Step to the Back of the Line
There are some queues where you want to be at the very end. For example, being at the end of the line of countries that have declared a recession is very good. Australia is one country at the end of this line. Australia has never officially entered a recession unlike most other major global economies and is taking a number of proactive steps to prevent it from happening.
Yesterday, the Australian Senate approved a stimulus package equating to A$42 billion which will be used to promote continued economic improvements. The country had a surprising increase in employment figures and is doing quite well considering its reliance on foreign exports. The Australian dollar strengthened to 59.86 yen per Aussie.
The Reserve Bank of Australia has also taken aggressive steps to aid the economy. The bank cut its interest rate to 3.25% which is a rate not seen since 1964. The stimulus money will be used to give cash to Australians in economic need meeting income tests. There will also be a number of infrastructure improvements completed such as building new roads and improving energy efficiency.
The yen fell against the US dollar because the flickering signs of life in the US economy and the expected passage of the latest stimulus bill are leading to less risk averting strategies among investors. The yen weakened to 91.05 yen per US dollar. It also weakened against the euro to 116.95 yen per euro.
The weakening of the yen is a good sign in the sense it means investors are willing to dip their toes into the financial markets again to see if there are any sharks left in the ponds. The massive amounts of government spending around the world are apparently beginning to take affect, but the next crisis predicted is inflation that will roar and rage like the terrible wildfires Australia is currently experiencing.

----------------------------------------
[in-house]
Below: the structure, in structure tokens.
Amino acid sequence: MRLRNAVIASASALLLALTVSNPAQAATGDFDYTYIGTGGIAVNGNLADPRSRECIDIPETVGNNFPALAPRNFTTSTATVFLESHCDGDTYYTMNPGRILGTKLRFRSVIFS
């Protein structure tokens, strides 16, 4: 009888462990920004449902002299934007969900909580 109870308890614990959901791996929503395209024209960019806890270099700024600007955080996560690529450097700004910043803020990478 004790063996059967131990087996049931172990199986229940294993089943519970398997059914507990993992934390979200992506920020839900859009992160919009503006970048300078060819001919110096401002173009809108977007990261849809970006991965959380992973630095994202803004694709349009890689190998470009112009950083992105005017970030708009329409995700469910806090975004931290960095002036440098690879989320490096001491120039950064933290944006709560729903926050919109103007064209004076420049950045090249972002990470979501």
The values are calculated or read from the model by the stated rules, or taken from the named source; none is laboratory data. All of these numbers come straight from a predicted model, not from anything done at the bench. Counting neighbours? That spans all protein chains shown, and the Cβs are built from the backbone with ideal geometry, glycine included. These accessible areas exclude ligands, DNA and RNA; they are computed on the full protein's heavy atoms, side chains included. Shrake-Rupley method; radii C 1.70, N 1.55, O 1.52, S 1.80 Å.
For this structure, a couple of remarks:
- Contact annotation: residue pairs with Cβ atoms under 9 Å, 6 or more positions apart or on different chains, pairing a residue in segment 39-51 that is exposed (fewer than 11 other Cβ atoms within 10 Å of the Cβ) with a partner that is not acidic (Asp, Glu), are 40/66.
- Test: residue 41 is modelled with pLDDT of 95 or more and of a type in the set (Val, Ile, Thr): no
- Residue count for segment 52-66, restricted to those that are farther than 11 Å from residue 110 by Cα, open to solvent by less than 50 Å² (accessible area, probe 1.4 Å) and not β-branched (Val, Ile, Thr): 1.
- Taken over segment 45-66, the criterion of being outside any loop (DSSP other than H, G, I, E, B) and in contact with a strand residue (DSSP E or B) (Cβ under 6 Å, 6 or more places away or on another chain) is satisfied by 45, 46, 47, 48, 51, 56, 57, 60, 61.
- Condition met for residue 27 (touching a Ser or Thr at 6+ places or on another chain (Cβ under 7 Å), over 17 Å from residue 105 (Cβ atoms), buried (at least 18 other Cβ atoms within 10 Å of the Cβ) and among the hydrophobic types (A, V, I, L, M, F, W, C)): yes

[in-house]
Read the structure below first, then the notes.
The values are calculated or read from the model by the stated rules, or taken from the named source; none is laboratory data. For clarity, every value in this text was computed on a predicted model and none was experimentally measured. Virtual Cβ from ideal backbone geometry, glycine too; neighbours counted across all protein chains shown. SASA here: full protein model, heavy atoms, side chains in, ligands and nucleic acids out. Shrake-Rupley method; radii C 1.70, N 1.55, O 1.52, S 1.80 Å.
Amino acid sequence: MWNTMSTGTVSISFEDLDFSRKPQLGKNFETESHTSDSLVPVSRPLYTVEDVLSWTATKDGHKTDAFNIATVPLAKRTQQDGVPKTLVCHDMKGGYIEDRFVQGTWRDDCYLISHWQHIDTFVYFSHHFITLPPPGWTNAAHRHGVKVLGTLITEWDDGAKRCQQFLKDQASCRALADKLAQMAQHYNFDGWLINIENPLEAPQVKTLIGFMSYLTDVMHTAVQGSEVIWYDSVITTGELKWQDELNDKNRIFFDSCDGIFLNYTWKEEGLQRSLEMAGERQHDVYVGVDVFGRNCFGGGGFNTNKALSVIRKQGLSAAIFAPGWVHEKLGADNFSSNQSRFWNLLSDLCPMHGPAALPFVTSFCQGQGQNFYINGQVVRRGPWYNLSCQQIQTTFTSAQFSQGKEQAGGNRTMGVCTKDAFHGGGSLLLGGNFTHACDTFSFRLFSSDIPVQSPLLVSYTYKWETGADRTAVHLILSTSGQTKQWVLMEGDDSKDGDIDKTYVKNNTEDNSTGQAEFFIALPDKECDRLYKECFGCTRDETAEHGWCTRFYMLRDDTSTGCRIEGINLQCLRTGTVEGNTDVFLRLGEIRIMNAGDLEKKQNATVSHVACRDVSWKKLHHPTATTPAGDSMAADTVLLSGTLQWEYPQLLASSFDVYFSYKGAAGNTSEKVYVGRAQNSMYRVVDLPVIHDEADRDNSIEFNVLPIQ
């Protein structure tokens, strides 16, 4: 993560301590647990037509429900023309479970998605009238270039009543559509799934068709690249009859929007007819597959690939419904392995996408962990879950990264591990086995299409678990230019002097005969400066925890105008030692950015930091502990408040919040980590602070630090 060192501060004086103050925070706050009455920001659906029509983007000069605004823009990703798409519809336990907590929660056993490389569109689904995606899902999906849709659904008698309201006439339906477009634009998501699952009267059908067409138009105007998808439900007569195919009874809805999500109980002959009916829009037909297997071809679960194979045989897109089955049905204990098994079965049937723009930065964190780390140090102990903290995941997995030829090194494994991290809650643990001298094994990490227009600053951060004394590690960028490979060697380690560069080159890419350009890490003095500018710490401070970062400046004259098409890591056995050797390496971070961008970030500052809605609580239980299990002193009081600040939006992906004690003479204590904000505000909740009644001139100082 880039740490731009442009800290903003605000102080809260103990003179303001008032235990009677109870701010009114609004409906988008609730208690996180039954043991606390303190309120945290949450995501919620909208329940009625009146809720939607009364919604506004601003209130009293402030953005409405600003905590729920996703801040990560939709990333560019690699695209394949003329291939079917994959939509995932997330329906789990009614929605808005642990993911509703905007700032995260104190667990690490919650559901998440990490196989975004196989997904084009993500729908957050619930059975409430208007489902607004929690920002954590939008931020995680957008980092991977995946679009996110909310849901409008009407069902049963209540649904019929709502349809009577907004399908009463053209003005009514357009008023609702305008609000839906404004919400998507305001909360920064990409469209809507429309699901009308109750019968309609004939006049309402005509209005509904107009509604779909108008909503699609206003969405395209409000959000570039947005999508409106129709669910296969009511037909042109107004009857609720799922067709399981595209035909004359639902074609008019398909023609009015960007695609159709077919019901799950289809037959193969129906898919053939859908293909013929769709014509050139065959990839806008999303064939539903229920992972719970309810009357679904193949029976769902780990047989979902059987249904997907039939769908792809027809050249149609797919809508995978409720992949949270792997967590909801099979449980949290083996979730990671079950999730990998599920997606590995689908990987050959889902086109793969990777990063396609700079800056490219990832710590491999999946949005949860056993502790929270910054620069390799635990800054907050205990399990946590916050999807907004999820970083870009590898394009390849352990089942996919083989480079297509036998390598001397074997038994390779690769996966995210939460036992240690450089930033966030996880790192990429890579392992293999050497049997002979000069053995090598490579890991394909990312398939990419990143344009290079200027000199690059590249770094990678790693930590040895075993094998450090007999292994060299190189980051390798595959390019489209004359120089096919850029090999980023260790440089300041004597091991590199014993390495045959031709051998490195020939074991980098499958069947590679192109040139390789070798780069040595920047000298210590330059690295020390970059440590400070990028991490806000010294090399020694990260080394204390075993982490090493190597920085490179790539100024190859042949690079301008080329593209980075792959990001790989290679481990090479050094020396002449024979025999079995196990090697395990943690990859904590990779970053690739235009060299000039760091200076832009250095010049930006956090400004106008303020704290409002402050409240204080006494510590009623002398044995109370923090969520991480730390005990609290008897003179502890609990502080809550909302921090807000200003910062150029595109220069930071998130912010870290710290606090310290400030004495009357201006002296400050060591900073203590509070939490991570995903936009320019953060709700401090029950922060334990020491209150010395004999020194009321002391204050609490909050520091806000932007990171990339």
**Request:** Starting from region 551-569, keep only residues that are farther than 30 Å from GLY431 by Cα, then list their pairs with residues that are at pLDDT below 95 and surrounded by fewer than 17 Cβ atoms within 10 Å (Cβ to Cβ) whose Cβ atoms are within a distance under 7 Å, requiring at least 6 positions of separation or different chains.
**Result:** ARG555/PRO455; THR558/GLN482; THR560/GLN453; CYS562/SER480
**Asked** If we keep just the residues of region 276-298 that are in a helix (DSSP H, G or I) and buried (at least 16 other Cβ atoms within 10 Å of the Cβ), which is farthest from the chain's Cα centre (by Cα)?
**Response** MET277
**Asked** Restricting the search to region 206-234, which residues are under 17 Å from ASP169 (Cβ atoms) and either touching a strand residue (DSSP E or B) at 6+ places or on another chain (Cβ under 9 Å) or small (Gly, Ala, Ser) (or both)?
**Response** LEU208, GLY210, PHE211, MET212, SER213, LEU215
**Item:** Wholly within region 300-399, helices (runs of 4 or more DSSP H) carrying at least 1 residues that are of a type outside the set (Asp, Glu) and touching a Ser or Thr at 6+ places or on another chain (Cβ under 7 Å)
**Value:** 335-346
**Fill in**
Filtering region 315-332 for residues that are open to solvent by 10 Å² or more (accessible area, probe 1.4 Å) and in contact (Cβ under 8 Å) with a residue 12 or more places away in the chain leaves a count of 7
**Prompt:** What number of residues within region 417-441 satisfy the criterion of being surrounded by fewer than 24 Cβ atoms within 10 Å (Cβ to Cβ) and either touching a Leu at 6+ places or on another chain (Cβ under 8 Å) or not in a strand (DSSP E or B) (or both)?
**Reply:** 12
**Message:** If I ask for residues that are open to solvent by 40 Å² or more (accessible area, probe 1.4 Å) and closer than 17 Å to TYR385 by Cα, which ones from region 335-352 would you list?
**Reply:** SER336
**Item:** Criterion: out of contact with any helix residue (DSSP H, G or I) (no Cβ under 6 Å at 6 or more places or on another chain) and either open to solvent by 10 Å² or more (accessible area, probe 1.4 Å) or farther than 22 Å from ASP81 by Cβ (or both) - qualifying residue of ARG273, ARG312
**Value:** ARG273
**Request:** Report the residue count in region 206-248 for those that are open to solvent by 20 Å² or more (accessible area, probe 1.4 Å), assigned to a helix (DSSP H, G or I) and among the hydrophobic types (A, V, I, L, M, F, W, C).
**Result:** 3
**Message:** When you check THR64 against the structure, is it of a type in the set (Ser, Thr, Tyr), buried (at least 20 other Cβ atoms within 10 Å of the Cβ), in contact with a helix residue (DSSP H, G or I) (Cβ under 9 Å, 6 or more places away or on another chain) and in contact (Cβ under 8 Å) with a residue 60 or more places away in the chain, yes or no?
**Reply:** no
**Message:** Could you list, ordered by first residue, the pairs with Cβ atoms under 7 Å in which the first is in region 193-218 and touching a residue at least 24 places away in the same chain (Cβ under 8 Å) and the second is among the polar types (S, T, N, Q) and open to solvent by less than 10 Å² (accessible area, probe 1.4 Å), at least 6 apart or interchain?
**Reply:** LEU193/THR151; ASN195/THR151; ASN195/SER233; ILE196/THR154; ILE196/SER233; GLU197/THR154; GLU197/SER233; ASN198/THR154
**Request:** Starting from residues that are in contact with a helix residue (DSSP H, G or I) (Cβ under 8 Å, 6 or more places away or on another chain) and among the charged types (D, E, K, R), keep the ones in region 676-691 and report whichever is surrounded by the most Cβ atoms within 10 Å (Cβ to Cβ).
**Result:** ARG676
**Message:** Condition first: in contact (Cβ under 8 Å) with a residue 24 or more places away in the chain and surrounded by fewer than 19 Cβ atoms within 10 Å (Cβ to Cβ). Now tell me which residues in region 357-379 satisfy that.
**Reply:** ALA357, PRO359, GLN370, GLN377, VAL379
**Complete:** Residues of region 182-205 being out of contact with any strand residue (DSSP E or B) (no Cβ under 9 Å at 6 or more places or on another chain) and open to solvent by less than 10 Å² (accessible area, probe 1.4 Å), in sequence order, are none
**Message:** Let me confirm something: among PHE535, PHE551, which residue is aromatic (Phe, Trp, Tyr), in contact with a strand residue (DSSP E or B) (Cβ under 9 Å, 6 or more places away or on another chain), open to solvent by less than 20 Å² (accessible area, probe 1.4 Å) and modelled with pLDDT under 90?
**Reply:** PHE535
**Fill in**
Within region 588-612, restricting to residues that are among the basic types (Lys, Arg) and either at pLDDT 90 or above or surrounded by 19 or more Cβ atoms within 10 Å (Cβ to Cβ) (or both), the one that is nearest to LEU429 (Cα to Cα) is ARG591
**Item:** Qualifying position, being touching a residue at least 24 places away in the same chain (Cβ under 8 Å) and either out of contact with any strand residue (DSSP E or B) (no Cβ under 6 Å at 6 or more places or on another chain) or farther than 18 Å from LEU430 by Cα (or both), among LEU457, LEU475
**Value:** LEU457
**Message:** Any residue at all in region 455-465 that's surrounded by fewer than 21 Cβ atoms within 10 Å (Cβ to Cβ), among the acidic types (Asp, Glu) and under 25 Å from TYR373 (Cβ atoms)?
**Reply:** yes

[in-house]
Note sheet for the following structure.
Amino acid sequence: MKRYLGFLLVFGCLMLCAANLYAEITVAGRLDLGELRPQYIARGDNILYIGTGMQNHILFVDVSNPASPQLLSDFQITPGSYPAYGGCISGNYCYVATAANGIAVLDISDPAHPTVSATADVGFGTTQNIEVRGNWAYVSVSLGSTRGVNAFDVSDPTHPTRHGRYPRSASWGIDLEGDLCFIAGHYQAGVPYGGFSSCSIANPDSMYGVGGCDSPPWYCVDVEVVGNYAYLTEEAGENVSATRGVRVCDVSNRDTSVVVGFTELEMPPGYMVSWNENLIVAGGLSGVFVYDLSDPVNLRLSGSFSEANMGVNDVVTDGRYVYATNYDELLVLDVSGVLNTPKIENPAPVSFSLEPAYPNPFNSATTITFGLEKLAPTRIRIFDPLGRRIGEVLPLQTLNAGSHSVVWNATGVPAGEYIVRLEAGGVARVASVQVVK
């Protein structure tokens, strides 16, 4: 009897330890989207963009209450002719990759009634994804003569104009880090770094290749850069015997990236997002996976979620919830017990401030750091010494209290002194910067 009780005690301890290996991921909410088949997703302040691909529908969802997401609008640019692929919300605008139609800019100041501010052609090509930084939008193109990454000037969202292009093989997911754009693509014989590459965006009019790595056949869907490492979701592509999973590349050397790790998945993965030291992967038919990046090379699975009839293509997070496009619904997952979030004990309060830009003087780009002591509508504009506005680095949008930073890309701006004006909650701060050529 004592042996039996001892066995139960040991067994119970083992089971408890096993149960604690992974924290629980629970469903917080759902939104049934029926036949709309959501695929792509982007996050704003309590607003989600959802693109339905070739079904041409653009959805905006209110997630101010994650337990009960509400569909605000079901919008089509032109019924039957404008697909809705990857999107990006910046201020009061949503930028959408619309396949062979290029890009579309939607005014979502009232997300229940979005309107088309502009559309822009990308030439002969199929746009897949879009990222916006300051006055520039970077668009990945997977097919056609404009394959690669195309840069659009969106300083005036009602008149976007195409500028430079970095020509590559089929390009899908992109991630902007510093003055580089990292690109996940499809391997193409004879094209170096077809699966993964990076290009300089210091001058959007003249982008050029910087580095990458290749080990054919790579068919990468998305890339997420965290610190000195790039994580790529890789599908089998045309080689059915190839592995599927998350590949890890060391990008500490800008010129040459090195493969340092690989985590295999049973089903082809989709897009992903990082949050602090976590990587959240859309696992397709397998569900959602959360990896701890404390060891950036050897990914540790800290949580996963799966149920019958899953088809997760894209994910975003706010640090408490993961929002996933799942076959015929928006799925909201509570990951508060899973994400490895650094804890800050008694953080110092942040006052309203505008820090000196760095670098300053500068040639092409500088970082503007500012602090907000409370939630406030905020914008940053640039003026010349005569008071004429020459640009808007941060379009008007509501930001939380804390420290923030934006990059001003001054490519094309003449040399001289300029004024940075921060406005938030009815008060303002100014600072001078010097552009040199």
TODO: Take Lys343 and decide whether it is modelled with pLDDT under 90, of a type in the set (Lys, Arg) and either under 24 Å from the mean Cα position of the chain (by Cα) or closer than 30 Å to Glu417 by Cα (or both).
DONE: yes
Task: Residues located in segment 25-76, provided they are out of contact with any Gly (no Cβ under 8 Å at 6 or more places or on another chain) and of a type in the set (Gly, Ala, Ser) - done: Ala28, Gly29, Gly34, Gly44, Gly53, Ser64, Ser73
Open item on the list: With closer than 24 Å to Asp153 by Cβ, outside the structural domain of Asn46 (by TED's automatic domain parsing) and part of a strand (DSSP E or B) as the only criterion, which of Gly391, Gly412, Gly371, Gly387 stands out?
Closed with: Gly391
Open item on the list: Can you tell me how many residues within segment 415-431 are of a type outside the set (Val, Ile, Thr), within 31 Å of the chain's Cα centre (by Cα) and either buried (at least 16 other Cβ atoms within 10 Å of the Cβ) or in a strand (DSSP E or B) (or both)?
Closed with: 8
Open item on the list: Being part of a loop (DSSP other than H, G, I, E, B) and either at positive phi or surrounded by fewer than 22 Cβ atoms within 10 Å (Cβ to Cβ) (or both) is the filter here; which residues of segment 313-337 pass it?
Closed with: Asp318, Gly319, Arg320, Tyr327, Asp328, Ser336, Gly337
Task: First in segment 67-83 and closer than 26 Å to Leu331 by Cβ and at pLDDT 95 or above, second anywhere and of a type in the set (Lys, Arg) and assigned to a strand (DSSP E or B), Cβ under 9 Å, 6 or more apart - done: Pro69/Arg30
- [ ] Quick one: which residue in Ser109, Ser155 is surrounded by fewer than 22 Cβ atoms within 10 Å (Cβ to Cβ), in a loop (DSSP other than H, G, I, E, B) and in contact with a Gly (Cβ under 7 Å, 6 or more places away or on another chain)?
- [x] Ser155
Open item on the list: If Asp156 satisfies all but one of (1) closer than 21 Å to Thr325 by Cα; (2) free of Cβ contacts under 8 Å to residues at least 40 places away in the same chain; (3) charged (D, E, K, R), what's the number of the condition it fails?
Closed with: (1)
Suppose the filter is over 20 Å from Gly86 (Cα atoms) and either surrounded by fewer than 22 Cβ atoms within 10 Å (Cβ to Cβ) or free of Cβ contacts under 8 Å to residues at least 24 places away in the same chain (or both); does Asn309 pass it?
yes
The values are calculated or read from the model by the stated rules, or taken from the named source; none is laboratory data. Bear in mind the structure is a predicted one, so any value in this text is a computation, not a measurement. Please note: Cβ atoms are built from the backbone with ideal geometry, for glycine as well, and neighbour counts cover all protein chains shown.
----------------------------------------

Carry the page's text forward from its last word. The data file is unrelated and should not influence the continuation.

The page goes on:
The UK pound is still under pressure and has slid 3 days in a row against the US dollar and the euro. The pound weakened to $1.4234 against the US dollar which was a sizable decrease. It also fell against the euro to 90.10 pence per euro. To round out the trio, the sterling fell against the yen also to 128.91 yen per pound. Some analysts are predicting it could fall as low as $1.35 but it seems to somehow manage to recover before seeing that value for any period of time.
The pressure on the pound is due to the fact the economy is still continuing to weaken with fears of a depression looming unless the slide can be reversed.
The Brazilian real was the Latin American currency which weakened the most against the US dollar. Brazil responded with pessimism to the proposed US stimulus package leading to a rate of 2.2692 real per US dollar.
The Swiss franc is also declining against the euro as the Euro-Zone continues to grapple with the economic crisis. The franc fell to 1.4964 francs per euro.
The G7 is meeting right now and will talk about currency exchange rates this time. The members do not like to talk about currencies being on the agenda because it ignites worries about currency intervention.
The US Congress is expected to pass the stimulus compromise bill today or tomorrow and send it to President Obama for signing. Though consumers are anxious for government assistance during these difficult times there is growing fear the US is setting itself up for debt funding problems. The US debt is a massive beast that needs to be regularly fed with foreign investment. Some figures show the total debt is currently 45% foreign funded with China accounting for 60% of that total.
The US apparently wants to be in the front of the line where debt is handed out.